It is something you cannot see, taste, or smell, but there comes a time during the winter when the feeling of the air shifts. Suddenly, imperceptibly, the cold in the air starts to loose its teeth. It's not quite as cold. A far-flung omen, foretelling of spinning of the cyclic wheel. Sooner than thought, the seasons will once again shed its skin.
The crusted snow in front of the house is softer. Almost snowball or snowman making in its quality. What was packed along the roadway turns slush. There is liquid water in some places, showing melt. The dog's outdoor water dish has not frozen over when fresh water is placed therein. Breath is not visible when exhaling.
Part of me wants to argue the fact. I have acclimated to this environment, and, after a few months of cold temperatures, I've grown used it. It's still winter. There is still not any direct sunlight on the house. That's still a week or more away.
But I know different. It's sensation I get every winter. Sometimes, earlier than others. That first omen, which tells me this won't last forever.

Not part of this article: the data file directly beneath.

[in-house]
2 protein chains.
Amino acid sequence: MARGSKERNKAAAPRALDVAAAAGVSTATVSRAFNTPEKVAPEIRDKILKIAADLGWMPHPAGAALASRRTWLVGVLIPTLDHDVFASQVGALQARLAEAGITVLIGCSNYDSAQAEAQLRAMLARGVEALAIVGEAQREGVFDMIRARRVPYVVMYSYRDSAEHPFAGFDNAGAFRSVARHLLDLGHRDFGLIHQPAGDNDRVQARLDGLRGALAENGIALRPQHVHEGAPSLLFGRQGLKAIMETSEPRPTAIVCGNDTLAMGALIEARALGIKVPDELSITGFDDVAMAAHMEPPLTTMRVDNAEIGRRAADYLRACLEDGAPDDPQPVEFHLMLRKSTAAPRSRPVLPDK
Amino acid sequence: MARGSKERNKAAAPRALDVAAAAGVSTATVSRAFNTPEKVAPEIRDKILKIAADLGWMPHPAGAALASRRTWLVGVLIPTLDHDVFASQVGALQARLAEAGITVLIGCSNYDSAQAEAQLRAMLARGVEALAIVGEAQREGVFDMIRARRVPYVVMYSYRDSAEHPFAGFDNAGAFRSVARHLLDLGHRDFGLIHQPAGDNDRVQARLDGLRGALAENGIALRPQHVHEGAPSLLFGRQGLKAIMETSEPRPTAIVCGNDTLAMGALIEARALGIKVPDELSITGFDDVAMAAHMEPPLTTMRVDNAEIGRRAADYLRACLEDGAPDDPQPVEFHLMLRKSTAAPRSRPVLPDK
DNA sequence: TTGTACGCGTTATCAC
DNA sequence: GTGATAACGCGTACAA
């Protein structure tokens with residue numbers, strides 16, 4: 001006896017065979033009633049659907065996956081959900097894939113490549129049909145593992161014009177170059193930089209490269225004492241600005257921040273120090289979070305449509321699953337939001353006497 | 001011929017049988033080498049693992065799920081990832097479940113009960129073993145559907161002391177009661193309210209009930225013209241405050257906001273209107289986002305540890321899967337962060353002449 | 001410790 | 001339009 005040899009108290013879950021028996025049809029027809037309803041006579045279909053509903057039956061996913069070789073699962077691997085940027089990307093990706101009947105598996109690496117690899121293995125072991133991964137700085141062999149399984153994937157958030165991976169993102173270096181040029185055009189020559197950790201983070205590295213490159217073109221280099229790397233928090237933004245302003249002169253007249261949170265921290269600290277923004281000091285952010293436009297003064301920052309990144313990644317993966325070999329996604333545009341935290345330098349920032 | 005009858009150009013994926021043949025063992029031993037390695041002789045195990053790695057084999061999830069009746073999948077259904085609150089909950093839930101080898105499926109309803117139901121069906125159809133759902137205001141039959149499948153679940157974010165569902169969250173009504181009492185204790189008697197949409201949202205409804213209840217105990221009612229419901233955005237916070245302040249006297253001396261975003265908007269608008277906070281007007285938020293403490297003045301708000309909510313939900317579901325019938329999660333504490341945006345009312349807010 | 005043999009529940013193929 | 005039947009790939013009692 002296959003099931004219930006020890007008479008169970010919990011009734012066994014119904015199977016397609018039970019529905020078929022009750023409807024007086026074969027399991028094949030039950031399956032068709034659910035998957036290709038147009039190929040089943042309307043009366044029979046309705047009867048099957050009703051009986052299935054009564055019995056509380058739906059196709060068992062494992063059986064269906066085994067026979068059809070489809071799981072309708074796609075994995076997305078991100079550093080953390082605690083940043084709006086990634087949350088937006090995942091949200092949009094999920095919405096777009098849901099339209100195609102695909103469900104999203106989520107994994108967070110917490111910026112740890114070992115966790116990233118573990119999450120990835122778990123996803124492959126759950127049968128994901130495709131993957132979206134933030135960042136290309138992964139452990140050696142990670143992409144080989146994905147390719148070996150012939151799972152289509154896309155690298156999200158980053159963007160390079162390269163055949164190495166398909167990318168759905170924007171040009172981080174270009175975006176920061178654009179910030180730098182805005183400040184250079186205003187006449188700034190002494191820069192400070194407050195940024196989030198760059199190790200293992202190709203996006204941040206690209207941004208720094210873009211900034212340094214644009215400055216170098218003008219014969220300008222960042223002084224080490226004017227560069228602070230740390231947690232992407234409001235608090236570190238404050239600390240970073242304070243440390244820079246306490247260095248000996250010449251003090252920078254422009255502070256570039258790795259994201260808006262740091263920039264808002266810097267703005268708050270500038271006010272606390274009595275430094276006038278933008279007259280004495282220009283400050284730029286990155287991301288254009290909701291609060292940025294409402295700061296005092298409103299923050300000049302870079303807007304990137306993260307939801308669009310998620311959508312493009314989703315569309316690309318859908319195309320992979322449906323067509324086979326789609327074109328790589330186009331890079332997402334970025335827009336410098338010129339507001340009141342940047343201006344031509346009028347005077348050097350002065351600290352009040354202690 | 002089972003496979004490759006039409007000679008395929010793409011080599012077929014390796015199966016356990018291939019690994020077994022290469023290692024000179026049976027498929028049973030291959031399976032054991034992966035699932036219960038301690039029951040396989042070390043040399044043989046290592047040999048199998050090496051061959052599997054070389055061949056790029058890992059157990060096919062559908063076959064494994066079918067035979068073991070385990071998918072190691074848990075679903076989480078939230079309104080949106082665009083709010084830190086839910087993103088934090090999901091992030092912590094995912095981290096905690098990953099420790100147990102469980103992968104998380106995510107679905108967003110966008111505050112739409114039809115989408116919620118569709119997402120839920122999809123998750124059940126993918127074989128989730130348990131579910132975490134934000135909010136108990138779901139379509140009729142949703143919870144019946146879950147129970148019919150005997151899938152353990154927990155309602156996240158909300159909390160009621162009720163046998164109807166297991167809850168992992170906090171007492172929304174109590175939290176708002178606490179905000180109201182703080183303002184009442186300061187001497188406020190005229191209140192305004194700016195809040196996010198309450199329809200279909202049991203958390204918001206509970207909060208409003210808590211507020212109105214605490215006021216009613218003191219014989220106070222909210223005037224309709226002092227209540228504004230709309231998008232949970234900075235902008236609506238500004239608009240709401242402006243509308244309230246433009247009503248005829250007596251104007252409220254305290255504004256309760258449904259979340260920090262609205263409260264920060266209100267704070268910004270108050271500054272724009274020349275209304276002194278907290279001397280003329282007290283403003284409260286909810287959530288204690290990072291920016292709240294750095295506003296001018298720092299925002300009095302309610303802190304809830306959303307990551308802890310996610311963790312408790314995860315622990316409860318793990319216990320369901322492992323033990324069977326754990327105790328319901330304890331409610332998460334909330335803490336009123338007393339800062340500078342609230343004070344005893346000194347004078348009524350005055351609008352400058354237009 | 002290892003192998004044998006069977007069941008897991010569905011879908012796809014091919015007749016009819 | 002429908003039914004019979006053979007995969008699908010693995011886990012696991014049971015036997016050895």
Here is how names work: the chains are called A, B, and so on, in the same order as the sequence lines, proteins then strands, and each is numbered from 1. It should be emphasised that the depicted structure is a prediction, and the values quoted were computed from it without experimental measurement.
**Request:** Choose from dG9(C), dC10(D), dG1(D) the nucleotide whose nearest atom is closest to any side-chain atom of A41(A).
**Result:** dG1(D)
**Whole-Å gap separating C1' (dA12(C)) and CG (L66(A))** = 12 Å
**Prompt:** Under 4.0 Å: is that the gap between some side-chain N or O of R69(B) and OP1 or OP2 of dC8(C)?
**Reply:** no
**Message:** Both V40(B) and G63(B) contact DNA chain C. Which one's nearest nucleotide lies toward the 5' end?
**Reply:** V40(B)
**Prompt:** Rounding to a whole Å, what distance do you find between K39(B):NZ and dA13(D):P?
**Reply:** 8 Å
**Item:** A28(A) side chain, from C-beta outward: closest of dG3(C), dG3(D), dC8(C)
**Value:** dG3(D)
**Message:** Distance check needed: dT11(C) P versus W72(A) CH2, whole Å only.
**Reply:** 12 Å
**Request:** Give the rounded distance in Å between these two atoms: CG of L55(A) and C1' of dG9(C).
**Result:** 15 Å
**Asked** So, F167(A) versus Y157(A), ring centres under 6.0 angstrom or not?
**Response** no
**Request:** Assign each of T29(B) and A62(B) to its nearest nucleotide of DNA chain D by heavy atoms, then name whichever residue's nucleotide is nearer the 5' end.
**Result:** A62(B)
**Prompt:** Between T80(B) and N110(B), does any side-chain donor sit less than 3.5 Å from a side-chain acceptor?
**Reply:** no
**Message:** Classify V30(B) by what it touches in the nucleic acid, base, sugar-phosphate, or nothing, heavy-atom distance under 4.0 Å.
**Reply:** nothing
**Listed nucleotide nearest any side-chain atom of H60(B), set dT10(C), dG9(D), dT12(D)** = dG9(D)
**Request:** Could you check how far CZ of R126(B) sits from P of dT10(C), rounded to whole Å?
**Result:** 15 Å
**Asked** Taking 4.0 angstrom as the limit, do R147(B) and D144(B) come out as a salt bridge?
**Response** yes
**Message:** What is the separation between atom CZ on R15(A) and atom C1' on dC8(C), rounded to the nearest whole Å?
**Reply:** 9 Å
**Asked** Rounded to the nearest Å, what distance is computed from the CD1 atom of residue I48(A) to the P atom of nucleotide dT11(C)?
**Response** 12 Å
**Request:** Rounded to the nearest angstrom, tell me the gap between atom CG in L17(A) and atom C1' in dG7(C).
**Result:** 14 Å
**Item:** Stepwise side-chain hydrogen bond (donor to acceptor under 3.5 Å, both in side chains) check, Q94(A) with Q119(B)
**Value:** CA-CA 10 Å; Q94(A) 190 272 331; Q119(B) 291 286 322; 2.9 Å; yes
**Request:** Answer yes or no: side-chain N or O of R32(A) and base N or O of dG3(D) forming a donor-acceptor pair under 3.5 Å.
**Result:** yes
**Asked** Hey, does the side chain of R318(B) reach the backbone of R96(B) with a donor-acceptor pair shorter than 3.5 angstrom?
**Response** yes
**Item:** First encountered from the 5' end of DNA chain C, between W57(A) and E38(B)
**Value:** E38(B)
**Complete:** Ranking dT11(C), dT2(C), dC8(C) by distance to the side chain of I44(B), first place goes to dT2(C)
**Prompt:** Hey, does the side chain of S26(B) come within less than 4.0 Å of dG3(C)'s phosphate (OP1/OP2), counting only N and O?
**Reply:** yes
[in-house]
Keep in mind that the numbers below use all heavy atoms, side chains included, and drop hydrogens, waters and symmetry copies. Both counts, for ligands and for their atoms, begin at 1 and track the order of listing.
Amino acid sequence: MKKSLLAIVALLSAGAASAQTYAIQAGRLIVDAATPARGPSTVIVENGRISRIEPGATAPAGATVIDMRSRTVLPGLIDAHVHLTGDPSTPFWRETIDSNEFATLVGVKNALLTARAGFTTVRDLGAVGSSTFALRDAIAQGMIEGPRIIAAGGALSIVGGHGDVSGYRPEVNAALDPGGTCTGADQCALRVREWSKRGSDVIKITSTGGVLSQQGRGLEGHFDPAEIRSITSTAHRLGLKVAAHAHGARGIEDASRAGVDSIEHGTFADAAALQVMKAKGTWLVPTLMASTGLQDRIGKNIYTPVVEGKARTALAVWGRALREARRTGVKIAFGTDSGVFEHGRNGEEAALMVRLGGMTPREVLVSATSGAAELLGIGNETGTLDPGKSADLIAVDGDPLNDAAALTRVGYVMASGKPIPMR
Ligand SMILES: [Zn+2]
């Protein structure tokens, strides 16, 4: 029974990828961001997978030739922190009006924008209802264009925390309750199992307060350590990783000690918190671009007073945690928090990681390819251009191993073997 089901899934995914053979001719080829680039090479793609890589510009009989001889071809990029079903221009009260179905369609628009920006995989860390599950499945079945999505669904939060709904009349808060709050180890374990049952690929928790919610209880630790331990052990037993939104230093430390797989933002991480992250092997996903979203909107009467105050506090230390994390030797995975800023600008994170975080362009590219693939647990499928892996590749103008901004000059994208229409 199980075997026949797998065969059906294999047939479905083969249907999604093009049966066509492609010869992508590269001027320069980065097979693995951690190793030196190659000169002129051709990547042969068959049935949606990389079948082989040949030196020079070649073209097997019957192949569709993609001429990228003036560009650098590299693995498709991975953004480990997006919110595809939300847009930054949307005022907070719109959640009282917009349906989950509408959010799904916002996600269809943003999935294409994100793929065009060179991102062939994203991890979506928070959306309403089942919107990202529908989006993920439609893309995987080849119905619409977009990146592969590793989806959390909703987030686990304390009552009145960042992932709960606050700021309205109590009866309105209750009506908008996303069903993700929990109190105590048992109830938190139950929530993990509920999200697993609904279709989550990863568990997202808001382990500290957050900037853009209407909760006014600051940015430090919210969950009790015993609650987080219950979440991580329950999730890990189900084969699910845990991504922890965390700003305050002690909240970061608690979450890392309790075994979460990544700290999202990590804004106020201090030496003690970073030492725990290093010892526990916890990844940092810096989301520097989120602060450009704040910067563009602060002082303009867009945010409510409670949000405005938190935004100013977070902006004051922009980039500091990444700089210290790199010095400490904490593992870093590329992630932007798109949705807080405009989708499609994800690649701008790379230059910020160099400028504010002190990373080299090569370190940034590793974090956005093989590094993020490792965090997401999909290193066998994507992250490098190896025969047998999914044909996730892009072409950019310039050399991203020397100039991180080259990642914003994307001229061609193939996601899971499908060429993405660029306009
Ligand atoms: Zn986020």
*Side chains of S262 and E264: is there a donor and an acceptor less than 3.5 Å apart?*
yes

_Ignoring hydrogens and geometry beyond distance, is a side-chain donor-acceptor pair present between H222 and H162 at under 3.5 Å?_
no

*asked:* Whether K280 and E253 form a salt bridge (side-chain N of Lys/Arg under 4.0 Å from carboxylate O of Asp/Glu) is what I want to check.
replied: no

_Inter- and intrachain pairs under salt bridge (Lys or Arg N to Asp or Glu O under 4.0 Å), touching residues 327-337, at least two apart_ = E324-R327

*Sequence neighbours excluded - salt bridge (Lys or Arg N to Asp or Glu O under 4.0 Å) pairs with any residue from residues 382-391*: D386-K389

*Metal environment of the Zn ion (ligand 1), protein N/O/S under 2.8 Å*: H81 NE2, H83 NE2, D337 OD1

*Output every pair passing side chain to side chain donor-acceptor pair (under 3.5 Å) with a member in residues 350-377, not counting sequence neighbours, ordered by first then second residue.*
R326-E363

It stirs a little bit of excitement in me. Knowing there will be a time when boots and sweaters and heavy coats and nightly fires will not be necessary. The river will unfreeze and plants will bloom. There'll be different birds coming to the feeder, even, eventually hummingbirds. We'll be able to grill outside comfortably, and even eat out on the porch or in the yard.
Looking west, I can see a parasol of gray cloud. Thinner than earlier in the season. It's not quite as intimidating. There is a slight chance of flurries, but, at this altitude, flurries can come in high summer if the conditions are right.
Here and now, it is a pleasant high country afternoon. Not sunny and bright, but not a blizzard, forcing us all to hole up and hope we have enough supplies to weather the storm. It's still daylight. I find myself smiling, embracing the feeling in the air. It fills me with a sense of hope.